King’s comments astounded a couple of people on the panel and outraged a third—as the table exploded into shouting, the moderator wisely broke for a commercial.

The congressman’s comments reminded me of something brought to my attention a few weeks earlier. A person who gave a talk at my college over fifteen years ago remembered it in a recent column on a conservative website, recalling that some of the people present were not happy with the content of his talk.

 I am sure I noted the fact that some cultures are better than others and I might well have quoted (with enthusiastic approval if I did) William Henry’s observation, in his book In Defense of Elitism, that “It is scarcely the same thing to put a man on the moon as to put a bone in your nose.” I am very fond of Henry’s native prosuperior-civiliztionsboscis image, not least because, like Saul Bellow’s question: “Who is the Tolstoy of the Zulus?”, it is so reliably productive of rage among pampered left-wing academics.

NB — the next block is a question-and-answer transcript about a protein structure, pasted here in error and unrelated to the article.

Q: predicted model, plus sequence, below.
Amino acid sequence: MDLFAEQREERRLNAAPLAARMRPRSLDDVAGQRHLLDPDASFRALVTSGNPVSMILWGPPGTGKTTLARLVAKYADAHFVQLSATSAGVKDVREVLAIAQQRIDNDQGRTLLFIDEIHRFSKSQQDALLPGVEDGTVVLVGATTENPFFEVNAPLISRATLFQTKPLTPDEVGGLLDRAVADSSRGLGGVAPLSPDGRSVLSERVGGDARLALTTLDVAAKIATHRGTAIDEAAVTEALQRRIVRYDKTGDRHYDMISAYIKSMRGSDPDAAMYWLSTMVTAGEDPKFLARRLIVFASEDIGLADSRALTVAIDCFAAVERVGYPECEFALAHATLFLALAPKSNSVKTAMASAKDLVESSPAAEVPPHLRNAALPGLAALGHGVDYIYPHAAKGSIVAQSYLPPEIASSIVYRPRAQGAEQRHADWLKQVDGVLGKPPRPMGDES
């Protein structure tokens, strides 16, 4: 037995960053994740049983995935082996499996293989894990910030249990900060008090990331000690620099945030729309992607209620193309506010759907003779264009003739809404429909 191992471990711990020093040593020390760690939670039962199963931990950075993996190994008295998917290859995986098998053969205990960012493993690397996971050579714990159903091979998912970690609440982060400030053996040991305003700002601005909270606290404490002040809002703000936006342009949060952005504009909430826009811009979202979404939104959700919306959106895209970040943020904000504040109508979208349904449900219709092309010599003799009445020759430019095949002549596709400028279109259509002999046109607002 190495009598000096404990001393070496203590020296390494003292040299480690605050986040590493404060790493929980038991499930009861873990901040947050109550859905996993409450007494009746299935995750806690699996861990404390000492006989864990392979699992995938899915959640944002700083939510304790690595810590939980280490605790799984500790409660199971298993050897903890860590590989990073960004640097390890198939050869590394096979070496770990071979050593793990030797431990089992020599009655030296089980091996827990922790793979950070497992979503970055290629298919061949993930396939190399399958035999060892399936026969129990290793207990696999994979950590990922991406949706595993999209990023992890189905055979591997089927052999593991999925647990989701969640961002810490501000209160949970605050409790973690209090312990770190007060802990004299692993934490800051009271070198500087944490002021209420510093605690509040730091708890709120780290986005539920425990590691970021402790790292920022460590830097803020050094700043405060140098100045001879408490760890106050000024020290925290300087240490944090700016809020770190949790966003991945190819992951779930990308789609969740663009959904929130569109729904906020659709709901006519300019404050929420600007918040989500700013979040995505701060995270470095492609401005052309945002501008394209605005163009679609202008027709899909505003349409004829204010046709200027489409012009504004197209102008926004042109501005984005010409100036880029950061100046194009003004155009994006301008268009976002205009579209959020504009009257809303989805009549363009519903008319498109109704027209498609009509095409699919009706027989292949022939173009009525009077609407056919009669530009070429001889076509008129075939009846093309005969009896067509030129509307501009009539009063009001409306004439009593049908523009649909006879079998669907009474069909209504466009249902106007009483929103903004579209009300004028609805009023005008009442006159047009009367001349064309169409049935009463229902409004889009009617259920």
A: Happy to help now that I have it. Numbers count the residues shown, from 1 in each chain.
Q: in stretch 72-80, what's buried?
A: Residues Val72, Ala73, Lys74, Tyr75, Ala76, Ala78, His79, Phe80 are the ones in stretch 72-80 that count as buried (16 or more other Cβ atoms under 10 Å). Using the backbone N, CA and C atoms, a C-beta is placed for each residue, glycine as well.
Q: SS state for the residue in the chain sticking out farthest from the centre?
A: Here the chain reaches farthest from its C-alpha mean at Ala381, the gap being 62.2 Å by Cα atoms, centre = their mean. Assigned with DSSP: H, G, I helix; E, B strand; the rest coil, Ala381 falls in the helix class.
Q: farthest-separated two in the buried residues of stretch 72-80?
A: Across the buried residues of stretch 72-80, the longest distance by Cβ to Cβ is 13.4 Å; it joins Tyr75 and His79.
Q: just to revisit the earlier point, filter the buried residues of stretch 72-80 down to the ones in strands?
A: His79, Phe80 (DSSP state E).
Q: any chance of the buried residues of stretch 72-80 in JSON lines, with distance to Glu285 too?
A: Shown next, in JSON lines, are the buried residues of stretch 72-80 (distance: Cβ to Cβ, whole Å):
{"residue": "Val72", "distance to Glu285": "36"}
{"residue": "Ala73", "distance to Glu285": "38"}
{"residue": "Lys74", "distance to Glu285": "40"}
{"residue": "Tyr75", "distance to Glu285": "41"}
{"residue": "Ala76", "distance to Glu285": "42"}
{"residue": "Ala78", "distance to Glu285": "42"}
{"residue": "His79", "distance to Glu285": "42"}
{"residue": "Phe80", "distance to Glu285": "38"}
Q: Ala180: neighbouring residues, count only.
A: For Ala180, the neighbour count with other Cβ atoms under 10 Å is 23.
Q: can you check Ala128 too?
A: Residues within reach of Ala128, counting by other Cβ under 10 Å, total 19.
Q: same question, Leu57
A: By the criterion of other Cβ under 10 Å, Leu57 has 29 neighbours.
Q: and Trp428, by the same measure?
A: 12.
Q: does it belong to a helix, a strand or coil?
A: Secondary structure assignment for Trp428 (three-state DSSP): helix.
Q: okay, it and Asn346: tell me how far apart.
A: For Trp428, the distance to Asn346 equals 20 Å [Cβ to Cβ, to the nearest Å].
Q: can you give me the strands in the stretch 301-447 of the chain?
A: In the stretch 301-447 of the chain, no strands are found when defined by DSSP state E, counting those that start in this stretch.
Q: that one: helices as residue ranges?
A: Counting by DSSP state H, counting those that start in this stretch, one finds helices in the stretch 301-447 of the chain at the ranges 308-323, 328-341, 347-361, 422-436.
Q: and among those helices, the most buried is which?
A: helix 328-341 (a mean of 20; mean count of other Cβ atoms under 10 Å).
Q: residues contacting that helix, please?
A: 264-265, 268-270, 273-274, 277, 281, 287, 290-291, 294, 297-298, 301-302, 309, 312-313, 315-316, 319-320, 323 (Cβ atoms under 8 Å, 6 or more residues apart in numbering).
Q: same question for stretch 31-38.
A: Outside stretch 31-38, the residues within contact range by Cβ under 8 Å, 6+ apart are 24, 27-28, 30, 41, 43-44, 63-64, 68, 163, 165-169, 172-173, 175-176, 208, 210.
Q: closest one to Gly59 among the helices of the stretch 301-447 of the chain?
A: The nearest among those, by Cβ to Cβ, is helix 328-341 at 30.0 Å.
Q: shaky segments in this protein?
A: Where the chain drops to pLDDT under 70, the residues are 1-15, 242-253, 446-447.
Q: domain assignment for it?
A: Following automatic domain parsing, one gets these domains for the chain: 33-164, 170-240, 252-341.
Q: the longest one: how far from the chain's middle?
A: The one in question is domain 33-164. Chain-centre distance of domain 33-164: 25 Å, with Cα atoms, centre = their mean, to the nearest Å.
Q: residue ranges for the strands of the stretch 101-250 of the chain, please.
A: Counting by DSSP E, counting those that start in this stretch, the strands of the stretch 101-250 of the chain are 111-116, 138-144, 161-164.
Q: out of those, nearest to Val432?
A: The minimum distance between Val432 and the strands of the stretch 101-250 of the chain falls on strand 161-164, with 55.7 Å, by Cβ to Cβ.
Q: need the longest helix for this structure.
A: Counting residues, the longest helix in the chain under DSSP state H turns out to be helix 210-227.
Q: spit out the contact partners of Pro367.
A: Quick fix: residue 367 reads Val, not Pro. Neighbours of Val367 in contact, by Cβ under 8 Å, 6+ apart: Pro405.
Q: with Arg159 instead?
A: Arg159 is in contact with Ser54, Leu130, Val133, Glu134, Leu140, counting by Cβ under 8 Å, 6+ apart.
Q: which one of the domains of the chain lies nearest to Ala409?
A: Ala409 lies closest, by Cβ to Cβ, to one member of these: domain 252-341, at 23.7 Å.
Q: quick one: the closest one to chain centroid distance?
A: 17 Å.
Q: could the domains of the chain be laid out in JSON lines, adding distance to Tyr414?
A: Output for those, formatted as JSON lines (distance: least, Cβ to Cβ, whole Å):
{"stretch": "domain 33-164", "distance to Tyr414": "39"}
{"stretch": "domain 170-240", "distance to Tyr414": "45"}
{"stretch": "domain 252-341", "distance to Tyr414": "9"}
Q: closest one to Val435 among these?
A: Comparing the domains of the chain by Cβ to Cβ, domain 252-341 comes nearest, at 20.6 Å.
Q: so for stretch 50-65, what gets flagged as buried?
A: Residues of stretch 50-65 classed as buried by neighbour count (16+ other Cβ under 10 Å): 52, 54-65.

These comments could have been written or said by some of my colleagues on campus who often defend the existence of our DWC program by asking “Why wouldn’t we want to focus close-to-exclusive attention on Western Civilization? It’s the best civilization ever!”

After Congressman King’s clip from the RNC, my teaching colleagues began a conversation with our students by asking basic questions such as “What is Western Civilization?” The students seemed unsure how to answer other than to say “we are!” After a few minutes I made my first contribution. “This is going to sound like a stupid question,” I said, “but I’m sitting over here listening to all of you talk about ‘Western Civilization’ and I’m wondering: West of what? Are we talking geography here? What is Western Civilization west of?” None of us had thought to load a map onto PowerPoint, so I just asked the students to picture Europe, Asia, and Africa in their imaginations. “If we draw a dotted line from north to south to divide the East from the West, where would we draw it?”drawing-the-line